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International Aging

International Resources

International & National Principles, Rights and Responsibilities of Older Persons

International Statements - IFA Declaration of Rights and Responsibilities - English


The International Federation on Ageing,

Appreciating the tremendous diversity in the situation of older persons, not only among countries but within countries and between individuals, which requires a variety of policy responses,

Aware that in all nations, individuals are living to advanced age in greater number and in better health than ever before, and persuaded by the scientific research disproving many stereotypes about inevitable and irreversible declines with age,

Convinced that a world characterized by increasing numbers and proportions of older persons must provide opportunities for willing and capable older persons to participate and contribute to the ongoing activities of society,

Mindful that the strains on family life in both developed and developing nations requires support for caregivers of frail older persons,

Emphasizing that fundamental human rights do not diminish with age and believing that because of the marginalization and disabilities which old age may bring, older persons are at risk of losing their rights and being rejected by society unless these rights are clearly identified and respected,

Recognizing that without these rights, older persons cannot meet their desired responsibilities,

Bearing In Mind the standards already set in the Universal Declaration of Human Rights, the International Covenants on Human Rights, and the International Plan of Action on Aging, as well as the adoption of other declarations to assure the application of universal standards to particular groups

Now Proclaims the following rights of older persons which should be secured to them by national and international action so that they may be protected and enabled to make continuing contributions to society, as well as the responsibilities which they acknowledge:


Older persons have the right:

  • to obtain adequate food, water, shelter, clothing and health care through the provision of income, family and community support and self-help.
  • to work and to pursue other income-generating opportunities with no barriers based on age.
  • to retire and participate in determining when and at what pace withdrawal from the labor force takes place.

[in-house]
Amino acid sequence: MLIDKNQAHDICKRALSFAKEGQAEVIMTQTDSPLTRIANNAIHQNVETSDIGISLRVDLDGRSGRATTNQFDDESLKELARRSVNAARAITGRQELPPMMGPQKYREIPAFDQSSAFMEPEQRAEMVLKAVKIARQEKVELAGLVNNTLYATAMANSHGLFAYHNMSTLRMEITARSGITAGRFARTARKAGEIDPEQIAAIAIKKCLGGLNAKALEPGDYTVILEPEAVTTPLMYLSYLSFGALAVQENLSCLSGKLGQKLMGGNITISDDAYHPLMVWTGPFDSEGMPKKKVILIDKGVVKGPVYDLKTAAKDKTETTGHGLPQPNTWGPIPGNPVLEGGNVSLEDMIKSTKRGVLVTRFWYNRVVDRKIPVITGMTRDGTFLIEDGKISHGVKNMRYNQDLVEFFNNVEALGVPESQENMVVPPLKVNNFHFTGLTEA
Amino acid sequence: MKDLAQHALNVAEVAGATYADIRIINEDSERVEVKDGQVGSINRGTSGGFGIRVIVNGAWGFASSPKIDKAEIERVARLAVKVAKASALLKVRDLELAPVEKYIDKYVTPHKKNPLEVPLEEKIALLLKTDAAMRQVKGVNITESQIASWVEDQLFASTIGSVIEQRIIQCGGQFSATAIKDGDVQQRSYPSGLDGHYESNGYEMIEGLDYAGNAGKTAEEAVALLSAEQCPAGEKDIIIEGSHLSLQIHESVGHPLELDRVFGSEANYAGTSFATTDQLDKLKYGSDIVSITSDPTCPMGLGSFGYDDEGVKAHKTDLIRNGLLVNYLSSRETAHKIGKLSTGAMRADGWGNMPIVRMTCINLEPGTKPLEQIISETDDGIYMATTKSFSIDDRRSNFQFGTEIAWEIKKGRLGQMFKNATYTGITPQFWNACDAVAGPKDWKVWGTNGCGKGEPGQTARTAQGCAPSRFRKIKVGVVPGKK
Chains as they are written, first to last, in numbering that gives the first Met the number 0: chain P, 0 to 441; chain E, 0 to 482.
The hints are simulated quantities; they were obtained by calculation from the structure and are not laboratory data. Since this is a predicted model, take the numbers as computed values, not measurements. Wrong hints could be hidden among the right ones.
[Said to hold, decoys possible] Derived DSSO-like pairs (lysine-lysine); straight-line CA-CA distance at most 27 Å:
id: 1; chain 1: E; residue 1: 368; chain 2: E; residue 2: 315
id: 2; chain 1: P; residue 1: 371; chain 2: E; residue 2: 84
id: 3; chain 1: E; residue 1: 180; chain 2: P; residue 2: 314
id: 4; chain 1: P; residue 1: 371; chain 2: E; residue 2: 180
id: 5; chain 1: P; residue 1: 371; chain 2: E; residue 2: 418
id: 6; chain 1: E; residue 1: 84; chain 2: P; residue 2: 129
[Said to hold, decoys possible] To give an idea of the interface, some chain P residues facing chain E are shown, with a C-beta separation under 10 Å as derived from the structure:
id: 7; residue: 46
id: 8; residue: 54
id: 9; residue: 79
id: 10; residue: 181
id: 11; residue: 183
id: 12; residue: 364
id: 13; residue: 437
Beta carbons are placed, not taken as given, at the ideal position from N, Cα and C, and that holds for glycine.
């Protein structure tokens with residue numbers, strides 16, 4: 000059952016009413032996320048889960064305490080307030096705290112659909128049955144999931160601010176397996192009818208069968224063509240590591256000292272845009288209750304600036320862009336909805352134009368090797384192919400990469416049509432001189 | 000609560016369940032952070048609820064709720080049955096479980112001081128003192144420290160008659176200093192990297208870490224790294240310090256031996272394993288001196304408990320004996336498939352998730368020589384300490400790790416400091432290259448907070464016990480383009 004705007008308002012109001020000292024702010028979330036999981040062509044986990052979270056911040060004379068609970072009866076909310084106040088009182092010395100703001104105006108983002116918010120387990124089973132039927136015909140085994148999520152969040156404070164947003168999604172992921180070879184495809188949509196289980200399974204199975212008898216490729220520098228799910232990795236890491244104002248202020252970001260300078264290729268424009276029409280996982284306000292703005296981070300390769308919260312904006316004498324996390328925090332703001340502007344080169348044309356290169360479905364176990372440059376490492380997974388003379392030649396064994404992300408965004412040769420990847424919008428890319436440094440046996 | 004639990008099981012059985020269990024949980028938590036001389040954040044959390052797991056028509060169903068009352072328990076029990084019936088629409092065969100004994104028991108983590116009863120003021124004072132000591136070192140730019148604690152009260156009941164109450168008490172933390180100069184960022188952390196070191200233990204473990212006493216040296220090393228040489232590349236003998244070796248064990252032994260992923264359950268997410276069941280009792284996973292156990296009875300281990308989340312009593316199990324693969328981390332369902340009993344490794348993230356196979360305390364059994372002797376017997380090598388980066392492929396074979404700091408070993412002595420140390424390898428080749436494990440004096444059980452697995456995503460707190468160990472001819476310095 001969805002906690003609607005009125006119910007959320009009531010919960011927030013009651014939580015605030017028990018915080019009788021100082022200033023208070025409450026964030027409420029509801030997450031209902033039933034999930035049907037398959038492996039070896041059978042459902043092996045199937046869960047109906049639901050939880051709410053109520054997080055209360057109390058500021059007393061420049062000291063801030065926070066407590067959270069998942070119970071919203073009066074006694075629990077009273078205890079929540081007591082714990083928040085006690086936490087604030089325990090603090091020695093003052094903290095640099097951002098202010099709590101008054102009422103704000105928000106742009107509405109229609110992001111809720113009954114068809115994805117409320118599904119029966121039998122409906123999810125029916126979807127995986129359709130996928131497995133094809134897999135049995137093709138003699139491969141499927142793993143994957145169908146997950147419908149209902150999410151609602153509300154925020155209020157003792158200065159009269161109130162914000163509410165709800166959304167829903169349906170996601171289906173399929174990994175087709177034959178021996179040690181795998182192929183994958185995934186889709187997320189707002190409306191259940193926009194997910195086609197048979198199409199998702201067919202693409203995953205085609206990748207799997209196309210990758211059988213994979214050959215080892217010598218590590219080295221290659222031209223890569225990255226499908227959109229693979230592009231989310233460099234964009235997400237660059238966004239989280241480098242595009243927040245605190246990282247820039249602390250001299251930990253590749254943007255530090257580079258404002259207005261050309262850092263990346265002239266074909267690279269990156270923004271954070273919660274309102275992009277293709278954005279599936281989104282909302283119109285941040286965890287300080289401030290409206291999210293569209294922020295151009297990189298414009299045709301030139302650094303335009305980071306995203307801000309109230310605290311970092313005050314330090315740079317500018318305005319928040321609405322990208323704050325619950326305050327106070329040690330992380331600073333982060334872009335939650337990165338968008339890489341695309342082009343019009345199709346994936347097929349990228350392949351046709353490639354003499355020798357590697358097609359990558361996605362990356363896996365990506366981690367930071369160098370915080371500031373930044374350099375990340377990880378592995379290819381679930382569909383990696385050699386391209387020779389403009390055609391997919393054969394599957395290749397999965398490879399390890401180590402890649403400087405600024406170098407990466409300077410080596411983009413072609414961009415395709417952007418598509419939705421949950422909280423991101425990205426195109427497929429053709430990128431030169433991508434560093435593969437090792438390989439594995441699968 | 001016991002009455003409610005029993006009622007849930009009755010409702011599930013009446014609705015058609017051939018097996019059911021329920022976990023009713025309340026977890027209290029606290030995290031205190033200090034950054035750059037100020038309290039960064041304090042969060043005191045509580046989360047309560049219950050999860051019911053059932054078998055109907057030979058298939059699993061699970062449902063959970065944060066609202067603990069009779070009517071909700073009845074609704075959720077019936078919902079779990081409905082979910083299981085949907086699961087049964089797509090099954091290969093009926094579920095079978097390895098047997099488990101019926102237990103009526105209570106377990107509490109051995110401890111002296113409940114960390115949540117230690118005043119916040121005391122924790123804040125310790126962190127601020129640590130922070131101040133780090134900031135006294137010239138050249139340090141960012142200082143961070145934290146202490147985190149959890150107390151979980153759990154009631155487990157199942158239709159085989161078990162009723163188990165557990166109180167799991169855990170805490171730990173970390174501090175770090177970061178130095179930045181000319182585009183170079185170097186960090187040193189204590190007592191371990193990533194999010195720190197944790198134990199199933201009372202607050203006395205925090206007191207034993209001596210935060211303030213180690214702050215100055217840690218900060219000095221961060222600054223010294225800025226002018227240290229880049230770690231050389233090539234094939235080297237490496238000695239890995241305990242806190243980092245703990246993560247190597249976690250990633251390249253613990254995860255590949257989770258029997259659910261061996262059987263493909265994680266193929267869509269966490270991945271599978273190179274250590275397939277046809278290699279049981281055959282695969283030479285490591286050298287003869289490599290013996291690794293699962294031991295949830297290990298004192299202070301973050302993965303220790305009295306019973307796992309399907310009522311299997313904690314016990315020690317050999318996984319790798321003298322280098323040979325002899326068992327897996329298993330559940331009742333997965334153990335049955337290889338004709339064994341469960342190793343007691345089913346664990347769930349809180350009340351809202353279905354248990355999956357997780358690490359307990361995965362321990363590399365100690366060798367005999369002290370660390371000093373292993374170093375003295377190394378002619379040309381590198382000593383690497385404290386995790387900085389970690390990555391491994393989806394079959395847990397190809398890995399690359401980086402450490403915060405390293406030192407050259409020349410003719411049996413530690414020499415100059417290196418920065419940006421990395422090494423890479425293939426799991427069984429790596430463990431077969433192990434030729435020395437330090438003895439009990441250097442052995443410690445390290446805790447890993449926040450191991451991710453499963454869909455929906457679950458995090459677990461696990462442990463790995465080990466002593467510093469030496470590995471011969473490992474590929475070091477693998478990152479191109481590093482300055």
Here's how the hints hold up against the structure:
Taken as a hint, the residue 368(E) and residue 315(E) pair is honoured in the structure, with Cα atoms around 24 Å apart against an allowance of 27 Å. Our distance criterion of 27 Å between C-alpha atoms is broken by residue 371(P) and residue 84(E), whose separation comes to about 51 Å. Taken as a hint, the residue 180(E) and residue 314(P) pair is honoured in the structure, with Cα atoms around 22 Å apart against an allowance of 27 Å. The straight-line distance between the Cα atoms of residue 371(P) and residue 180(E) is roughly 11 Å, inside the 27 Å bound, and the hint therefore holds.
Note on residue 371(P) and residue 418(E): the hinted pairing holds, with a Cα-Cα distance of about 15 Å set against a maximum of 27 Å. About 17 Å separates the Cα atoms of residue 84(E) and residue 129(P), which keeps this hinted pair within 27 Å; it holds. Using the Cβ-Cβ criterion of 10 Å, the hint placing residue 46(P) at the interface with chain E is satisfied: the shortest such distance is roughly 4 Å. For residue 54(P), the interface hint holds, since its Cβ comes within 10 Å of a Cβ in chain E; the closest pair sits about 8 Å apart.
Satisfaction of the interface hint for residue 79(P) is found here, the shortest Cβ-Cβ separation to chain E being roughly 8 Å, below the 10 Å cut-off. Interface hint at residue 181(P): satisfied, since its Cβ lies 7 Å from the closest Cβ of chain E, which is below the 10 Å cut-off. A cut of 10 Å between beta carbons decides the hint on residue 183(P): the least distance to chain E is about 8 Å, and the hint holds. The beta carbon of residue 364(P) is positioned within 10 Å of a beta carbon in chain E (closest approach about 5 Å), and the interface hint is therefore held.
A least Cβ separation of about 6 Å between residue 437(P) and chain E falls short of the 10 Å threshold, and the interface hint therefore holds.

• to access educational and training programs to enhance literacy, facilitate employment, and permit informed planning and decision-making.
  • to live in environments that are safe and adaptable to personal preferences and changing capacities.
  • to reside at home for as long as possible.

Older persons have the right:

  • to remain integrated and participate actively in society, including the process of development and the formulation and implementation of policies which directly affect their well-being.
  • to share their knowledge, skills, values and life experience with younger generations.
  • to seek and develop opportunities for service to the community and to serve as volunteers in positions appropriate to their interests and capabilities.
  • to form movements or associations of the elderly.

Older persons have the right:

  • to benefit from family support and care consistent with the well-being of the family.
  • to obtain health care to help them maintain or regain the optimum level of physical, mental and emotional well-being and to prevent or delay the onset of illness.
  • to access social and legal services to enhance capacity for autonomy and provide protection and care.
  • to utilize appropriate levels of institutional care which provide protection, rehabilitation and social and mental stimulation in a humane and secure environment.
  • to exercise human rights and and fundamental freedoms when residing in any shelter, care and treatment facility, including full respect for their dignity, beliefs, needs, and privacy and for the right to make decisions about their care and quality of life.

Older persons have the right:

  • to pursue opportunities for the full development of their potential.
  • to access the educational, cultural, spiritual, and recreational resources of society.

Older persons have the right:

  • to be treated fairly regardless of age, gender, racial or ethnic background, disability or other status, and to be valued independently of their economic contributions.
  • to live in dignity and security and to be free of exploitation and physical or mental abuse.
  • to exercise personal autonomy in health care decision-making, including the right to die with dignity by assenting to or rejecting treatments designed solely to prolong life.

Consistent with individual values and as long as health and personal circumstances permit, older persons should try:

  • to remain active, capable, self-reliant and useful.
  • to learn and apply sound principles of physical and mental health to their own lives.
  • to take advantage of literacy training.
  • to plan and prepare for old age and retirement.
  • to update their knowledge and skills, as needed, to enhance their employability if labor force participation is desired.
  • to be flexible, together with other family members, in adjusting to the demands of changing relationships.
  • to share knowledge, skills, experience and values with younger generations.
  • to participate in the civic life of their society.
  • to seek and develop potential avenues of service to the community.
  • to make informed decisions about their health care and to make decisions about terminal care known to their physician and family.

For further information, contact::
4398 Boul. Saint-Laurent, Suite 302
Montreal QC H2W 1Z5
Telephone: 1-514-396-3358
Facsimile: 1-514-396-3378